My Integrated Life – Wheatstraw Chapter

Ron Dewitte, Guitarist

Ron Dewitte Greenwood Park Summer 1970.

[updated July 6, 2019]

Expanding on what I wrote in Rootstalk

What follows is another reading of the story with a somewhat more nuanced view of  my transition from Drake student journalist to musician and student of the blues. 1968-70.

I first met and played with Ronnie in the winter of 1969 at Drake University. His band at the time was called The American Legend and with their American flag costumes and literal wall of Sunn® amps they were easily the most visually impressive Iowa band I’d ever seen.

Now, we thought we Des Moines guys were pretty bad ass (and when it came to R&B, jazz etc. that was true) but when this Cedar Rapids band kicked into Deep Purple’s Hard Road, perceptions became, well, different.

Dewitte and the band had the sound, temperament, spirit and ego to speak to us through American Blues which at that time was being reflected back to us by the British blues rockers like early Fleetwood Mac, Jeff Beck, Yardbirds and of course Richie Blackmore and Deep Purple. Dewitte’s devotion to the African American roots of the blues was filtered through the sound of a Sunn Coliseum and a Gibson 345 stereo guitar. I really can’t describe it so….

..take a listen to our blues.

Wheatstraw demo with Ron Dewitte, guitar David Bernstein, drums, Craig Horner, organ. Dartanyan, bass. 1970 recording at KCRG-TV studios Cedar Rapids

Ron Dewitte, Dartanyan Brown and David Bernstein perform as Wheatstraw

After the American Legend Show at Drake that night, friends John Rowat, GT Clinton, Frank Tribble, and Mike Schomers invited Ron, organist Craig Horner and drummer David Bernstein over to our band house a block from campus.  What followed were blues, rock and jazz players from Eastern and Central Iowa jamming until the wee hours of the morning. For the next 40+ years, the guys in that room would continue to make great Iowa music in one incarnation or another. (Photography by William Plymat)

Craig Horner and Ron Dewitte

Wheatstraw with Craig Horner, organ Ron Dewitte, guitar

Considering the chaos of the Viet Nam-era 60’s and my personal turmoil, being in this band was a lifesaving proposition. Greenwood Park was our local Woodstock and to go from journalism nerd to was a ‘soft landing’ into a new phase of life.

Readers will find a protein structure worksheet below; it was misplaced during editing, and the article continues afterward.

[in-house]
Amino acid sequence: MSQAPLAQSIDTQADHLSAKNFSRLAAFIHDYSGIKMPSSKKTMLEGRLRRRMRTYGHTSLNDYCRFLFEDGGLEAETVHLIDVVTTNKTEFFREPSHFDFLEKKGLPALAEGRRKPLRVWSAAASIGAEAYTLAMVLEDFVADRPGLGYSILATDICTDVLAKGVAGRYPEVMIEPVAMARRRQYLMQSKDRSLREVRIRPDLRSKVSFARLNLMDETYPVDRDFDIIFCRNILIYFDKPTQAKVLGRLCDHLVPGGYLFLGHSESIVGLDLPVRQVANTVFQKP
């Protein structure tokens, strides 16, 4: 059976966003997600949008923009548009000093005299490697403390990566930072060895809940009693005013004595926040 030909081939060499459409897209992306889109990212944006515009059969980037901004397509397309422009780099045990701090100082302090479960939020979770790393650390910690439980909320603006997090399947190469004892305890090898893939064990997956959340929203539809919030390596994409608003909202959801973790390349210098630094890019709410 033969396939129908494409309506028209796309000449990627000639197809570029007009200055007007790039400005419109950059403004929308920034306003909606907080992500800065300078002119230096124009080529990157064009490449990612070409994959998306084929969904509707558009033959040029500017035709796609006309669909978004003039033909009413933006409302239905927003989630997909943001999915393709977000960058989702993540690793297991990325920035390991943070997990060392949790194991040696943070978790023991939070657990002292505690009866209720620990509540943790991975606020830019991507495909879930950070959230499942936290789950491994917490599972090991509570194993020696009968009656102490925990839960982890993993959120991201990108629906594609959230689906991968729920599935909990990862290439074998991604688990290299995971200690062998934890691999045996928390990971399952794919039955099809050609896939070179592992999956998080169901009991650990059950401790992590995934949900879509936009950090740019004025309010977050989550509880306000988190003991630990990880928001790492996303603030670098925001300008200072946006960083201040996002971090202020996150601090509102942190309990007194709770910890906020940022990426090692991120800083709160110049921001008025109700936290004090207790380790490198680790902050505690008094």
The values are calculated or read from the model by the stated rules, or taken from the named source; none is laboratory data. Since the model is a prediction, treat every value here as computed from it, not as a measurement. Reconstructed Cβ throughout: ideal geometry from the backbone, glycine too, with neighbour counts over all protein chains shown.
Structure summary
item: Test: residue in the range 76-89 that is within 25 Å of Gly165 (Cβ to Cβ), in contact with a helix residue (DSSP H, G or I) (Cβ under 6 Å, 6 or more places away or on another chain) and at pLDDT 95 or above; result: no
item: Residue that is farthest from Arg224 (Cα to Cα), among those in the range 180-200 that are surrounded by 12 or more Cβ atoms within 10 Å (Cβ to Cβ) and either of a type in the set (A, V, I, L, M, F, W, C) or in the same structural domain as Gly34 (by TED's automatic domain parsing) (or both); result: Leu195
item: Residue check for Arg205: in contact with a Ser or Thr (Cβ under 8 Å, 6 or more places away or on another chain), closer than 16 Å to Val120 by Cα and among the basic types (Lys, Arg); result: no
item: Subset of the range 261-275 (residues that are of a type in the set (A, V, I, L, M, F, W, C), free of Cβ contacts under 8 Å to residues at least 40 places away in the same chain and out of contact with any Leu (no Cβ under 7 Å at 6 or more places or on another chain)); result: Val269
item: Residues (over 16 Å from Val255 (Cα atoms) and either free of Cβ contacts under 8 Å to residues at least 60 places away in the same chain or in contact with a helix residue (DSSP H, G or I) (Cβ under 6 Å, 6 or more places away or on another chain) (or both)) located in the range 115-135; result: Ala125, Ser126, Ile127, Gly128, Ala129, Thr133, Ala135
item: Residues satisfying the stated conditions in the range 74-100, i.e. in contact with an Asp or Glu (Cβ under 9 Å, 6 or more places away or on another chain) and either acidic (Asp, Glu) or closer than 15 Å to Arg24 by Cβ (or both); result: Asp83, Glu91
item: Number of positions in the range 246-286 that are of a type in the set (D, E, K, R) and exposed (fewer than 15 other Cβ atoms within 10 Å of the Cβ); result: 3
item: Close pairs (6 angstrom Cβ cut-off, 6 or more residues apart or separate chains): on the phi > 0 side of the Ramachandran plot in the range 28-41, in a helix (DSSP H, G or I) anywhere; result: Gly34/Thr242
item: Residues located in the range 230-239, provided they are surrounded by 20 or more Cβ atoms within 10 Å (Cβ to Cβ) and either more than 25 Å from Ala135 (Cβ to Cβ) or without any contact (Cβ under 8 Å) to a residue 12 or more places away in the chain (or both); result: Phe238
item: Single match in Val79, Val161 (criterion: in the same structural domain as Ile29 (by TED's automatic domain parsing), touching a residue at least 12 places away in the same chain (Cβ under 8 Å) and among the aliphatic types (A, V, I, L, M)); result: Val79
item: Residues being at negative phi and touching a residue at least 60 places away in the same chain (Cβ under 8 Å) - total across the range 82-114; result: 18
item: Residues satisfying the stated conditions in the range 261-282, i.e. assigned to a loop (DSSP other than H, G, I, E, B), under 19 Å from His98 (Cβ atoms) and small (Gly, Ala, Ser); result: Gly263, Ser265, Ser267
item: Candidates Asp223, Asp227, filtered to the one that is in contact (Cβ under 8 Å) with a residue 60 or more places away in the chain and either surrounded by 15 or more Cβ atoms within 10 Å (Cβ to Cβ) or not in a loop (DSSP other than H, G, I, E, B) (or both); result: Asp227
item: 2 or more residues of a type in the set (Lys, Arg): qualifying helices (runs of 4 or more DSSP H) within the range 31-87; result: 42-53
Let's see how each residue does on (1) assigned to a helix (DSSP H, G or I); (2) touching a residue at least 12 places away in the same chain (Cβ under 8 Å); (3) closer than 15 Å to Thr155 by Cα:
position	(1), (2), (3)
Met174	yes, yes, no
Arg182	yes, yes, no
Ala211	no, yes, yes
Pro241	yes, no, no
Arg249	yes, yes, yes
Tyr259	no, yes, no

As an educator, as an artist, as a fellow guitarist and seeker of string wisdom, I can say that God smiled upon me by introducing me to Ron Dewitte. His world view and orientation were much different than mine but his humanity was immense. He understood intuitively, the connections that nurture us. How life gives us all a set of challenges and how cultural perspective informs our response to those challenges.

In 1970, I was an nerdy black intellectual reclaiming a part of his core musical identity and Ron was a skinny white kid with a old black man’s touch on the blues guitar. We had an affinity which gave us a tremendous sense of perspective on what the hell was going on in life around us.

Willie’s song “On the Road Again” says it short and succinct:

On the road again

Like a band of gypsies we go down the highway

We’re the best of friends

Insisting that the world keep turning our way

That was our weird and crazy life in 1970-1972. Four blues/rock/jazz crazed musicians convinced that we were going to save the world with BB King and Deep Purple’s music. With Max Wilkenning from Sigourney as our bus driver and father confessor (or pimp depending on who was in the audience on any given night), we were our own Iowa Magical Mystery Tour.

Until the dream eventually died….

Being a  world changing Blues-Rock band is hard when the people you play for want to hear “Take a Letter Maria” or “Color My World” (although the changes to CMW are nice to solo over if nobody in the audience is listening anyway..) Eventually we ran out of Wisconsin 3.2 beer bars to play in late 1971  and needing income…….Enter Big John and Six The Hard Way….

Joining Big John and 6 The Hard Way (billed as “from Las Vegas” but curiously, we never played there)  was a desperation move but one that allowed Ron, Craig and I to still play together, earn regular paychecks for awhile and plot a new path to world musical domination. (David Bernstein, our Wheatstraw drummer found a path to some fame joining Crabby Appleton, an obscure but cool band on Elektra Records.)

Of course, our “plan” actually led us further away from our goals and eventually we returned to Iowa to pursue things like keeping our families from prosecuting us for abandonment or, in my case, returning to college in 1972 before beginning another chapter with Bill Chase…but that’s another story altogether. (Ron has this Bob Weir baby-face thing happening in the pictures above. Yes, that’s me with a blond wig…doing Tina Turner impressions…hey! it was a show band. )

Wheatstraw lasted about 17 months but in that time we played, lived, loved, traveled, argued, suffered, laughed, got low and got high and bonded for life. We went our separate ways after 1972 but for me the pilot light never went out on my desire to champion the Iowa scene we had and the music we made (and the artistry of one  Ron Dewitte.) I didn’t realize that it would be 35 years later in completing the circle, rekindling the fire and doing my duty to let the world know of what our Iowa upbringing produced.